Turnbull said he approved a section affecting unemployment benefits "in spite of some substantive errors," so that "when Congress acts to extend the unemployment benefits period, we will be in a position to take immediate advantage of the additional benefits and any federal funding made available." However, he told Liburd, "unless corrective action is taken to remedy the errors in this section, it will be unable to accomplish its intended purpose."
(Congress approved an extension of the unemployment benefits as its first act of the 2003 session this week.)
The governor item-vetoed sections of the bill affecting Economic Development Authority law because "they extend economic benefits to certain existing businesses engaged in garbage hauling or solid-waste services without the benefit of any public hearings on the proposed changes."
He termed the measure "directly contrary to the spirit and intent of the Economic Development law" and said it "appears to serve no purpose other than providing benefits for special private interests and erodes our tax base, rather than creating new jobs, new revenue or sustained investment."
Other appropriations that he approved include:
– $213,179 to the Office of the Supervisor of Elections to defray costs of the 2002 primary and general elections.
– $2.5 million to the Housing Authority to subsidize rent abatements for the elderly, disabled and poor for Calendar Year 2003.
– $600,000 to the Police Department to defray costs associated with hiring police officers who had been employed by the now-disbanded Housing Authority Police force.
– $300,000 to the Justice Department for the Witness Protection Program.
Turnbull also approved a measure that is not an appropriation but directly affects the government pocketbook through the Government Employees Retirement System. Proposed by Sen. Roosevelt David, it would allow retired government workers who are rehired to draw their retirement pay along with their current salary for a period of three years, an extension from the present 75 days.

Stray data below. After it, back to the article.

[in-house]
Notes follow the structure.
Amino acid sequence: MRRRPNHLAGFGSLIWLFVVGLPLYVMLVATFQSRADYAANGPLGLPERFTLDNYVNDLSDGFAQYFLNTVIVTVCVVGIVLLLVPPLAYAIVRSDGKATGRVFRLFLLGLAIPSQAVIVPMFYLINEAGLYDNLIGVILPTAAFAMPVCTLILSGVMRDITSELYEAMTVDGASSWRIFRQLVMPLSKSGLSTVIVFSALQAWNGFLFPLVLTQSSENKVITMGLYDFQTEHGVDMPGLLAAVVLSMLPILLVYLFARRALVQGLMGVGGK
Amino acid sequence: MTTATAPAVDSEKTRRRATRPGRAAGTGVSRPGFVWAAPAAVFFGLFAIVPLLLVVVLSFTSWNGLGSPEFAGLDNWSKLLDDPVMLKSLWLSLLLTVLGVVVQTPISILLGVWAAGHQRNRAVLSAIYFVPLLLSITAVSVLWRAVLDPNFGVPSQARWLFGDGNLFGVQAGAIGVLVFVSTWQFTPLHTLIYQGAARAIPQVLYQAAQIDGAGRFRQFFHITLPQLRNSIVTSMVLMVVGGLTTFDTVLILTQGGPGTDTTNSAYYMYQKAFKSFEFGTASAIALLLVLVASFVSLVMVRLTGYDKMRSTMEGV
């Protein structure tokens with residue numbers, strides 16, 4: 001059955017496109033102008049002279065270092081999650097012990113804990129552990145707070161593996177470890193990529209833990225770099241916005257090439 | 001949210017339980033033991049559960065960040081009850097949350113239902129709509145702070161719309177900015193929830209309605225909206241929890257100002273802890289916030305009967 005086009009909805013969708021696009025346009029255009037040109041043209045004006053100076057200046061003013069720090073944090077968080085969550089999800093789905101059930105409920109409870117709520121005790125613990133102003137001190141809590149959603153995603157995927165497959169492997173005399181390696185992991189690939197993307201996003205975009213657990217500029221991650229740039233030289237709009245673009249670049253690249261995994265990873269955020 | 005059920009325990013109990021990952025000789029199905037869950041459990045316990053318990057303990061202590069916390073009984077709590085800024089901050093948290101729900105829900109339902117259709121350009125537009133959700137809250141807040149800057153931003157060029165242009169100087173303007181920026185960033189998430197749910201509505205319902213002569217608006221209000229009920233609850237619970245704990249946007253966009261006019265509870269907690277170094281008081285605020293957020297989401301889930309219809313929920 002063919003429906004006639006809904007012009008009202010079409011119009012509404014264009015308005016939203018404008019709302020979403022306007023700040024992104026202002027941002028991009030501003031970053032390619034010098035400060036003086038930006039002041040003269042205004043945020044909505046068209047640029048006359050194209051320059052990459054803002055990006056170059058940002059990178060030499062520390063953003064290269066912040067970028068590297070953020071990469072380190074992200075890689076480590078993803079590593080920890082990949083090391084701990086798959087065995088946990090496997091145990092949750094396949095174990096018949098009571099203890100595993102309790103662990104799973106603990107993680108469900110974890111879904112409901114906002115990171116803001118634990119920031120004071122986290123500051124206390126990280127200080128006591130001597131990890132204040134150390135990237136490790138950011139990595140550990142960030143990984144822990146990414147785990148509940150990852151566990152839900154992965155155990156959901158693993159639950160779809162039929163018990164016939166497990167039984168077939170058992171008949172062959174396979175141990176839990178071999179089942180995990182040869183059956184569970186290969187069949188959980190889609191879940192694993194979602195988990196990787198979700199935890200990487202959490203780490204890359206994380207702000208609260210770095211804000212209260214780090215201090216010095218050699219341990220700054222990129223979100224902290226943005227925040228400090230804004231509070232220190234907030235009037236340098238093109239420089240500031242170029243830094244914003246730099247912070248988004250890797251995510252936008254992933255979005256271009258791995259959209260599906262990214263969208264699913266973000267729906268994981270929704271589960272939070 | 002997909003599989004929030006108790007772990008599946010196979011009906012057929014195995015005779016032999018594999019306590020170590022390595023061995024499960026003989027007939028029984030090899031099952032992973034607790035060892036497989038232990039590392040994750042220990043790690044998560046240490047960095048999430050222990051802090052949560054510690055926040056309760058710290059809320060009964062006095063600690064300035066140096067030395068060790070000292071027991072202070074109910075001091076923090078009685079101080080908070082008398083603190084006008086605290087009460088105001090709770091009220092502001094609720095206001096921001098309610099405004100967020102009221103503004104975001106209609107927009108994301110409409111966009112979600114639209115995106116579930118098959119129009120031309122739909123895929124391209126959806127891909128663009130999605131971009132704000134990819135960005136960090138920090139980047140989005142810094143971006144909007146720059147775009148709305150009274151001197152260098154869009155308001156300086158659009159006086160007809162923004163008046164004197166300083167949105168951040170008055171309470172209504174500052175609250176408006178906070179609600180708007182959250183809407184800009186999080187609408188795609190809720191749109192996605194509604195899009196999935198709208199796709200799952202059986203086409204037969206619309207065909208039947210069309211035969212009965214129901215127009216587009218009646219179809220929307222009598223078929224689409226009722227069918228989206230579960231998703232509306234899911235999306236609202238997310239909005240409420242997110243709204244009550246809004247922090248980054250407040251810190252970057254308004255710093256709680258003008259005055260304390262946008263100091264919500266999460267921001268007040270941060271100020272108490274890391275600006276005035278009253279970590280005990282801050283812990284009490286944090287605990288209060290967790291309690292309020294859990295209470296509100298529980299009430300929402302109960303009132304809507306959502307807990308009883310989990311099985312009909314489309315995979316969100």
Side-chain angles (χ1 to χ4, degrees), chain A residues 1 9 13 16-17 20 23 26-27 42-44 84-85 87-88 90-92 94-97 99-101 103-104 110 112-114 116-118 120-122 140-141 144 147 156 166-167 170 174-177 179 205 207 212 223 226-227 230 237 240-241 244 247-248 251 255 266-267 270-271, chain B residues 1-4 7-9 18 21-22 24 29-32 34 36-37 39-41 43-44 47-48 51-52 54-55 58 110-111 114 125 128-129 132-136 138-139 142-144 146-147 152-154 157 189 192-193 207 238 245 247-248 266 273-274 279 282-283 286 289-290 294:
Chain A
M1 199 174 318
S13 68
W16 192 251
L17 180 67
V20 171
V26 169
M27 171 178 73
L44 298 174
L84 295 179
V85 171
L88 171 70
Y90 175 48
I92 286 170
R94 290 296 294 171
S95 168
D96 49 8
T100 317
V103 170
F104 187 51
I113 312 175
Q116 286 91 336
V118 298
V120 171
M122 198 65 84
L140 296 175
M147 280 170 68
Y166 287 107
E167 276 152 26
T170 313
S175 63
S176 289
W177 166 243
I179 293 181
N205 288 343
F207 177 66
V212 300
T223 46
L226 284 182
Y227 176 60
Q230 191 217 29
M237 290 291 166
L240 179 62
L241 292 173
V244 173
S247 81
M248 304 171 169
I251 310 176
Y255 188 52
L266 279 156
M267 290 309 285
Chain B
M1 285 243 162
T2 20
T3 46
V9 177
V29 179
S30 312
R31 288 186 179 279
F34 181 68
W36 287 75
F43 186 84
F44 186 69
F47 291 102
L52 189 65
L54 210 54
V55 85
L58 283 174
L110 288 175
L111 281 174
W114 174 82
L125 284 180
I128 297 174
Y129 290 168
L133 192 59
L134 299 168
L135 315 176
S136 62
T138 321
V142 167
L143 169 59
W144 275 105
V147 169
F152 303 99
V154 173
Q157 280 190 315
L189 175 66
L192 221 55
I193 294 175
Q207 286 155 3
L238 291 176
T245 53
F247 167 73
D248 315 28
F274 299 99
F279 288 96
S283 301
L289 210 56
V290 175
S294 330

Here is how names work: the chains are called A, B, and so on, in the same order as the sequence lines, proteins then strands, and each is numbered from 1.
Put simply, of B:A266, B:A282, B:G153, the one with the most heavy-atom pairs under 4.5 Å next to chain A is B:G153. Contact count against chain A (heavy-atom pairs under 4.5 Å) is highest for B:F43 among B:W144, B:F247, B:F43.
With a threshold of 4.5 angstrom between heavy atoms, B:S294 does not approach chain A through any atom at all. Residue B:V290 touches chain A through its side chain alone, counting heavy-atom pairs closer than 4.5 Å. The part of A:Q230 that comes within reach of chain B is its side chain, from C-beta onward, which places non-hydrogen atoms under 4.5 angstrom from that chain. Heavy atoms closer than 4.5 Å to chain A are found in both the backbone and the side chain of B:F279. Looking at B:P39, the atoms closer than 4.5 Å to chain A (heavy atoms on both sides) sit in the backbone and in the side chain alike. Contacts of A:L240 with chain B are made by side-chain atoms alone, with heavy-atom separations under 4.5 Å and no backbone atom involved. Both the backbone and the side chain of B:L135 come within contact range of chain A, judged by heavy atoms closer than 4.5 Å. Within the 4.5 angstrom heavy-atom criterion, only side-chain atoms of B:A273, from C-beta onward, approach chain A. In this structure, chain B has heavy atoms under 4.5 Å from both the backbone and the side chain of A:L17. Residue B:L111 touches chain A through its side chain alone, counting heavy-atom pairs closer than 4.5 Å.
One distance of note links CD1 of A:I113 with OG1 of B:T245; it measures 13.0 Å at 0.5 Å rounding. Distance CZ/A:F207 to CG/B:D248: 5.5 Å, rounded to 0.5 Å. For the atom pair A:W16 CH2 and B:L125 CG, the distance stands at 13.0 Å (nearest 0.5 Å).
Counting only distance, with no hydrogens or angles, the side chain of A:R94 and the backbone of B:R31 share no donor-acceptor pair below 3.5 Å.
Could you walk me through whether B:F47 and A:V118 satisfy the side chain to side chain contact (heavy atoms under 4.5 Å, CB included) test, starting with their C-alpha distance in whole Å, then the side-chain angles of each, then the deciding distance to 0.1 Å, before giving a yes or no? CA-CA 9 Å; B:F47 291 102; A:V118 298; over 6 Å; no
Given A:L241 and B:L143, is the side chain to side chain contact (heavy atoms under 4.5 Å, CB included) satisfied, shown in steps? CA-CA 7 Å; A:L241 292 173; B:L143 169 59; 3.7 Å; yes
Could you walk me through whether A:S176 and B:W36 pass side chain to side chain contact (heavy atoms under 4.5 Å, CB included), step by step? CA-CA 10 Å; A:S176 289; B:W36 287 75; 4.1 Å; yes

In this case, again, Turnbull stated that he was approving a "portion of" the item without saying which portion.
The governor also vetoed "a portion" of an appropriation to Our Town Fredriksted to promote a blues festival. The appropriation measure includes the establishment of a new holiday. It is unclear whether the governor approved the holiday, along with funding.
The new holiday was laid out in an amendment sponsored by Sen. David Jones honoring the "Legendary Rhythm and Blues Cruise" aboard the cruise ship Melody, which will be visiting St. Croix on Feb. 11. The amendment states that Feb. 11, 2003, shall be observed as "Legendary Rhythm and Blues Fest Day" and states that the governor "may grant administrative leave to non-essential government employees to participate in the festival activities."
Other vetoes include:
– $250,000 for the Narcotics Strike Force. Turnbull said the Office of Management and Budget has told him the force has sufficient "vacancy savings" to meet its needs.
– The UVI scholarship for Sophia Johnson, the child who saved another child from drowning on St. Croix. The bill called for funding the award out of the Tourism Revolving Fund. Turnbull said that was an "inappropriate" use of the funds and that he would find alternative funding for the scholarship.
The governor saved the biggest news for last. The last sentence of his letter to Liburd, without further elaboration, reads: "Finally, after much consideration, I have decided to item-veto Section 39." See "Governor vetoes protested pay hikes".